School is your job, as a kid. And whatever parents who don’t remember their own school days say, it is a difficult job. You have hundreds of coworkers, bosses who often don’t respect you, strict hours, tedious, repetitive tasks, promotion is by seniority not merit, you can’t get into management at all, and you take so much work home with you that you need luggage to hulk it back and forth. It is work.
In elementary school, you get recess, but by middle and high school, any recreation is up to you. However, there’s an upside to this: You can start clubs.
Most if not all schools have a procedure for students to open and maintain clubs on almost any subject (within reason). Requirements are usually low–a faculty sponsor, a statement of intent, and a show of interest.
Start with the statement of intent, or proposal. Get in writing what you want to do and what you need to do it. Film club? Access to a classroom or auditorium for viewing, equipment, a small budget for rentals or purchases. (Not many schools have money to give student-run clubs, but it never hurts to ask.) Table-top roleplaying club? Exclusive use of the student lounge once a week after school and a place to keep a big gridded whiteboard. Bird-watching? A chaperon for early morning walks twice a week in season. Get it all down in writing, and try to anticipate any questions the administration might have so you can be ready with answers.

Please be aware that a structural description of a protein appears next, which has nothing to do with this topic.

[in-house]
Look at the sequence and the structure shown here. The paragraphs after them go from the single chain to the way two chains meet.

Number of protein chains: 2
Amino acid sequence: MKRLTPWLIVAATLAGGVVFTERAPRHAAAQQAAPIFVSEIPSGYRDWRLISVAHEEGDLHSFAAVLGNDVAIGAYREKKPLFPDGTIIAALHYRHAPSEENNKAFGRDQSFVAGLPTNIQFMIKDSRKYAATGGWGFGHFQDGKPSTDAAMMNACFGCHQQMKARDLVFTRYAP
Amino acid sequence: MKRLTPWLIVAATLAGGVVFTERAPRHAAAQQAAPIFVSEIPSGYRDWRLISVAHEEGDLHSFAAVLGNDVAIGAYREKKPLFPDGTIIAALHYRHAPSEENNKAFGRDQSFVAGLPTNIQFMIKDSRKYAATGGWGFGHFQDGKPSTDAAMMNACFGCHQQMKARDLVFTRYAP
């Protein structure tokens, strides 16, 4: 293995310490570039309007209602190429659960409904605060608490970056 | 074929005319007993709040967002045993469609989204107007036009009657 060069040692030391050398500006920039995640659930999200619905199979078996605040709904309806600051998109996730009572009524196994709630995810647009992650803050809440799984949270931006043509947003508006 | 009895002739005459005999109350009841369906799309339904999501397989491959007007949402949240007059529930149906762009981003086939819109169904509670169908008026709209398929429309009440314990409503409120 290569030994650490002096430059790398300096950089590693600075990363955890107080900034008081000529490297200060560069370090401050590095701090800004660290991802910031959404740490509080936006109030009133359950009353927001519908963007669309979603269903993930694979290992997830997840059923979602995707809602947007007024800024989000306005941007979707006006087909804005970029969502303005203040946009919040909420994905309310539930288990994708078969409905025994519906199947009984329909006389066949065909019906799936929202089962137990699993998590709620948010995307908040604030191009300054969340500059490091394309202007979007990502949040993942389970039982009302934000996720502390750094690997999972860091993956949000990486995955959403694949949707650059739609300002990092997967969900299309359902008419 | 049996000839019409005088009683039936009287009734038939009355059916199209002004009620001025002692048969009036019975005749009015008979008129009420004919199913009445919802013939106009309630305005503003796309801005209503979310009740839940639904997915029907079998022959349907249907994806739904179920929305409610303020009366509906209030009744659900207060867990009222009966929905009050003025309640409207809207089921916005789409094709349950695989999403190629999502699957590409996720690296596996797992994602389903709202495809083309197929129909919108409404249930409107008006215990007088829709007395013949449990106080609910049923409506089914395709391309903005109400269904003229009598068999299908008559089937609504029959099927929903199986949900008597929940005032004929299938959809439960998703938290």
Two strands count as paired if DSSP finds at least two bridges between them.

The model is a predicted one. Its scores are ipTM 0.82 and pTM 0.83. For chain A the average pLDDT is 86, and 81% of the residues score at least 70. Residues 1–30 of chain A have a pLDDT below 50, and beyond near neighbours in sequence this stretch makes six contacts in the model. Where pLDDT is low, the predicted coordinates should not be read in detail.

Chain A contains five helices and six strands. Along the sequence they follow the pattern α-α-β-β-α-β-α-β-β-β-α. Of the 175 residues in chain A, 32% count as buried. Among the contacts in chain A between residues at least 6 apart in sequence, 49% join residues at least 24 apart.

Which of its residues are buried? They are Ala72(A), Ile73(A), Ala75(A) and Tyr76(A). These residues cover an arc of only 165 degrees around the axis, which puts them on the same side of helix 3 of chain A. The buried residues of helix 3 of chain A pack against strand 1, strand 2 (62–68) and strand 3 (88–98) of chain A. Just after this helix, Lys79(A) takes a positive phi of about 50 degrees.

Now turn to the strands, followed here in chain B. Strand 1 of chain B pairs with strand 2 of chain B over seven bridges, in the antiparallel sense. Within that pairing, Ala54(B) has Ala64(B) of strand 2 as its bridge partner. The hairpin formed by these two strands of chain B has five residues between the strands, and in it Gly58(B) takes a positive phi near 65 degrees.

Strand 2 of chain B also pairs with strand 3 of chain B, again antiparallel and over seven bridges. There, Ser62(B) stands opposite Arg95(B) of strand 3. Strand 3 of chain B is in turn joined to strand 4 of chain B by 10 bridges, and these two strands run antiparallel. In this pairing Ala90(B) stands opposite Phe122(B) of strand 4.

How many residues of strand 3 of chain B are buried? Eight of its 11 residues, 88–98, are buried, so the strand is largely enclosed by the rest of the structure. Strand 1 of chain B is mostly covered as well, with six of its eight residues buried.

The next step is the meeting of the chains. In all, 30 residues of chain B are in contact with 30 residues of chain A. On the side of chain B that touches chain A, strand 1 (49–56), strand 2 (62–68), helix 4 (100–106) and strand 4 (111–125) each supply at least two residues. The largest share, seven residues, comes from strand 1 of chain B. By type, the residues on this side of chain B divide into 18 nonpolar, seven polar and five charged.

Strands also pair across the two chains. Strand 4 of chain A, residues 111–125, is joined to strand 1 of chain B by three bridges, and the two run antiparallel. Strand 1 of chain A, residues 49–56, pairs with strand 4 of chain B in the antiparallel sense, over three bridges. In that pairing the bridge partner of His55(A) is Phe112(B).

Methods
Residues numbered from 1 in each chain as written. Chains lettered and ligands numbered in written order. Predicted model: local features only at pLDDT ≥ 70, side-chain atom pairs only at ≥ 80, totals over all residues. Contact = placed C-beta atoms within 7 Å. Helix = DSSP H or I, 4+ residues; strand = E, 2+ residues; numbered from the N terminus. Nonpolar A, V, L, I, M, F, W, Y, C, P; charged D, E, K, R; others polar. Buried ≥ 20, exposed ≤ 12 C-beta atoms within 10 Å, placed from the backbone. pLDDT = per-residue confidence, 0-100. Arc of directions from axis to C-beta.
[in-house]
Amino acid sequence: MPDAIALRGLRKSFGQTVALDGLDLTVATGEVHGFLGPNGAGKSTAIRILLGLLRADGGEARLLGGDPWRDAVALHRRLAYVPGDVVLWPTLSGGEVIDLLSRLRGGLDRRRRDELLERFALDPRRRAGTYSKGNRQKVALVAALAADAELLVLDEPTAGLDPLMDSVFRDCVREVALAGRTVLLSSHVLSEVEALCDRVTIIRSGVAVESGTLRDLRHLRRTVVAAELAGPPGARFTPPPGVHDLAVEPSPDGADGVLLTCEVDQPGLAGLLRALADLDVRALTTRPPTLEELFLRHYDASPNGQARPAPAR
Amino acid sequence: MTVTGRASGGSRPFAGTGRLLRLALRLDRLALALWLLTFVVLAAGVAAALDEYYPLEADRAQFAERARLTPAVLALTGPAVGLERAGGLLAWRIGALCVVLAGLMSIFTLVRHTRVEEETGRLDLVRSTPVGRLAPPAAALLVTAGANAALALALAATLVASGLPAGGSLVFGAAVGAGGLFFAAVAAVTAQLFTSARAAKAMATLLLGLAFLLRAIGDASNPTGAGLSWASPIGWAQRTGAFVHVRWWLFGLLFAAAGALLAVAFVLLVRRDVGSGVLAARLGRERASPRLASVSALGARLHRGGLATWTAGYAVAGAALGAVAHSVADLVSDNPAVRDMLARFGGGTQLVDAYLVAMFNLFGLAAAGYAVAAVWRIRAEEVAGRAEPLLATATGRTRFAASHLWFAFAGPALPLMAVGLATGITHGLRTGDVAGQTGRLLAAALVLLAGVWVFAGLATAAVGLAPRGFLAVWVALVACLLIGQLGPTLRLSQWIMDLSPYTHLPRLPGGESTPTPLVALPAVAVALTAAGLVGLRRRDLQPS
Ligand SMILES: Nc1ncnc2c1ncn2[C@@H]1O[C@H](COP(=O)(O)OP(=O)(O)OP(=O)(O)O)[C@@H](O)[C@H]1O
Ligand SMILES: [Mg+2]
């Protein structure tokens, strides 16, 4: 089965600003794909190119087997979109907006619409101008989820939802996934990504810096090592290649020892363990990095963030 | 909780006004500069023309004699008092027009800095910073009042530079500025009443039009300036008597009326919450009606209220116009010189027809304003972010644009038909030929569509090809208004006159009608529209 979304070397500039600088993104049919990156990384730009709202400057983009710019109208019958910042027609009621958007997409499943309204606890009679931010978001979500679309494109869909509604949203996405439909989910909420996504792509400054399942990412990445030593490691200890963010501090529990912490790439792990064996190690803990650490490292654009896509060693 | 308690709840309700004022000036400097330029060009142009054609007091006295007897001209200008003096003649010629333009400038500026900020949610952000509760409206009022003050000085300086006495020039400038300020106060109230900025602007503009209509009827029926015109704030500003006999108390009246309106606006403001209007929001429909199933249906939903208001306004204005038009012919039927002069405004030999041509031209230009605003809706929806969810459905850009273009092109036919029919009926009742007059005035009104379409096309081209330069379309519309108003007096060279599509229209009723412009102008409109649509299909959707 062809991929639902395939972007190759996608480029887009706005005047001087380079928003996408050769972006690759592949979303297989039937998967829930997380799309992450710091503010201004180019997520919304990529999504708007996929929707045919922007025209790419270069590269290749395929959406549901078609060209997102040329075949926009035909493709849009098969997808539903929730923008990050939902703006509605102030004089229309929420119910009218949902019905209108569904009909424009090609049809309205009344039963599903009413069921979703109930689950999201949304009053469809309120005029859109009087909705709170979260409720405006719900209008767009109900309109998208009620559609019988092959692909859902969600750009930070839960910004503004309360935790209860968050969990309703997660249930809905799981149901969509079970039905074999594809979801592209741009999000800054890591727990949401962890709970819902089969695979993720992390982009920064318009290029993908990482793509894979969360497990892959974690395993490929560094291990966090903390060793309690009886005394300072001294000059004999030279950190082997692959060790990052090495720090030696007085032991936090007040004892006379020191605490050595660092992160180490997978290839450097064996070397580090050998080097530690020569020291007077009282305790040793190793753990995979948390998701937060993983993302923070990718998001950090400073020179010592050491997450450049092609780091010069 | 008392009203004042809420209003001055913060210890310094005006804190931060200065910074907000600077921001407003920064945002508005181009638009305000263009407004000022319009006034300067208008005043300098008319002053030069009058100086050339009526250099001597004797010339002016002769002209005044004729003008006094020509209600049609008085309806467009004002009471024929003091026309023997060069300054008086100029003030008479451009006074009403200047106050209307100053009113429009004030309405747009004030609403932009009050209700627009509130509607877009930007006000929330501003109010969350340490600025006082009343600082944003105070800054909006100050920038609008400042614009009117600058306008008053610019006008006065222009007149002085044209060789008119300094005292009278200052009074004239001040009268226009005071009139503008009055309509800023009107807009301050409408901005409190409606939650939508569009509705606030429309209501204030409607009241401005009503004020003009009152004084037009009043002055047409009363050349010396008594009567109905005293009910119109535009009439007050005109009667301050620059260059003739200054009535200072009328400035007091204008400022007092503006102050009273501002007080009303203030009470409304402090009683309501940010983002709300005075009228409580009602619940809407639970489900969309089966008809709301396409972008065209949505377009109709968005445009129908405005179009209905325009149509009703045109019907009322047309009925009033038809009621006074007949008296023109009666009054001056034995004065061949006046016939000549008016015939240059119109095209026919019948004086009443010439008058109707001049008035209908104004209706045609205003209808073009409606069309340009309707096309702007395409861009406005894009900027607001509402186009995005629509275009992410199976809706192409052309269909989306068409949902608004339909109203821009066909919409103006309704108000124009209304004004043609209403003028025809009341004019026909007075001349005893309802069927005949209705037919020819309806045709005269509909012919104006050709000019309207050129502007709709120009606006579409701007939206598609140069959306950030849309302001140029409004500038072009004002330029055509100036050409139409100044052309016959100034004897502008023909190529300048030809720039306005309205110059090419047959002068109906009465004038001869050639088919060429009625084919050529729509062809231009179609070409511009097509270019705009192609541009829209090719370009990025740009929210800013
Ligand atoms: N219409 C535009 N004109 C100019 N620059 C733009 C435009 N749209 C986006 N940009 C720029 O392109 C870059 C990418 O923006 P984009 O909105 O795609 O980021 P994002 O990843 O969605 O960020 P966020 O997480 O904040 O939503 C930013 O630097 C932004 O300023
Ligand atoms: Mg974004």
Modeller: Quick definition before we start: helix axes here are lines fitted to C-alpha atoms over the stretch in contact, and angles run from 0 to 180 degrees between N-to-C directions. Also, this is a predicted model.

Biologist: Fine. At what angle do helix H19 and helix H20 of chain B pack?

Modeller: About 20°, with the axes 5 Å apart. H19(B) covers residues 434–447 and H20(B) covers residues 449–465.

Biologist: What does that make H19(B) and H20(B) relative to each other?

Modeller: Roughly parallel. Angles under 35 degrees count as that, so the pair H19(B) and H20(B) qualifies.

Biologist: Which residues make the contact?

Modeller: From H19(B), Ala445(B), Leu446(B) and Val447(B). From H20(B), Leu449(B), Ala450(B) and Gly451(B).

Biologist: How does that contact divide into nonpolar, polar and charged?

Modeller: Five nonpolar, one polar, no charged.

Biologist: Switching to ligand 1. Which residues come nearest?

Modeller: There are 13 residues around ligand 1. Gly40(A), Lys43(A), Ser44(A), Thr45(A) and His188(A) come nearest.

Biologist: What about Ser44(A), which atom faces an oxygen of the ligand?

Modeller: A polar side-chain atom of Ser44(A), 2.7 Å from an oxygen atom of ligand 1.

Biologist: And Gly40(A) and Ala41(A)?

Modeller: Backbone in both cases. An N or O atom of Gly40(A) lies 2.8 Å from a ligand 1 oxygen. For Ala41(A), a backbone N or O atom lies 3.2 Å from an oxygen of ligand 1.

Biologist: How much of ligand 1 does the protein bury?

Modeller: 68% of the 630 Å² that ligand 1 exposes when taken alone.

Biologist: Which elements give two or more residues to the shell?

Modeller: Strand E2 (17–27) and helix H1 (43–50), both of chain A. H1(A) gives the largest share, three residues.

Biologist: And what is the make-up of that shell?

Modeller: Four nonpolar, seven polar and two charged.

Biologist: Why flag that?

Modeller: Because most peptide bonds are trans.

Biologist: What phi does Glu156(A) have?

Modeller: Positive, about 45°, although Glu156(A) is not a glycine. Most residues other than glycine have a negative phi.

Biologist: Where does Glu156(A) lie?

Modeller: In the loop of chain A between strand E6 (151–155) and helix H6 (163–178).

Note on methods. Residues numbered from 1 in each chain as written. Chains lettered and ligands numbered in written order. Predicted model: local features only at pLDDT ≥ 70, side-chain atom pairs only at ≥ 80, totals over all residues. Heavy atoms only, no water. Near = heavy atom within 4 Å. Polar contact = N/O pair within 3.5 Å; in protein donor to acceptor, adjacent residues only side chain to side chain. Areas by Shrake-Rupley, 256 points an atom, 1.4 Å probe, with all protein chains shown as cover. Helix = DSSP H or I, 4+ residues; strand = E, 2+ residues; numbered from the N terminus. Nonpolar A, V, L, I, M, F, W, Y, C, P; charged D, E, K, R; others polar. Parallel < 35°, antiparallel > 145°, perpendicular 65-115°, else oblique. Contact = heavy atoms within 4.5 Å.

Either along with the proposal or once it’s been looked at, draft your club’s constitution. Who’s in charge? What are their responsibilities? What are the rules? What happens if they’re bent or broken? What regulations does your club have for fundraising? There are a lot of boilerplate club constitutions online–find a good one and tweak as needed.
The faculty sponsor might be the hardest part to nail down. Teachers are busy, busy people, and a club is a lot of work even if all you think you need them for is to unlock a classroom and hang out. Approach politely and carefully. Flatter them a lot. If they still turn you down, ask them who they’d suggest instead.
Some schools require you to submit a list of students already interested in what your club offers. Do not fudge this. Make a Facebook page or hand out info cards–do the actual legwork to see how many people would like to join you, so you have honest numbers. Most of these interested parties won’t show up, but that’s okay. The school wants to know that you don’t want a club for just you and your clique to hang out.
That brings up a thing: Clubs have to be open to the entire student body, or at least your entire grade. If you have a school-sanctioned club, you have forfeited the right to turn anyone away no matter how you feel about them personally. It only takes one person unfairly excluded for the school to shut you down with possible repercussions for any officers. Be very familiar with your school’s code of ethics–it’s available for you to read at the office. But if your club is genuine and friendly, it’s a very easy line to toe.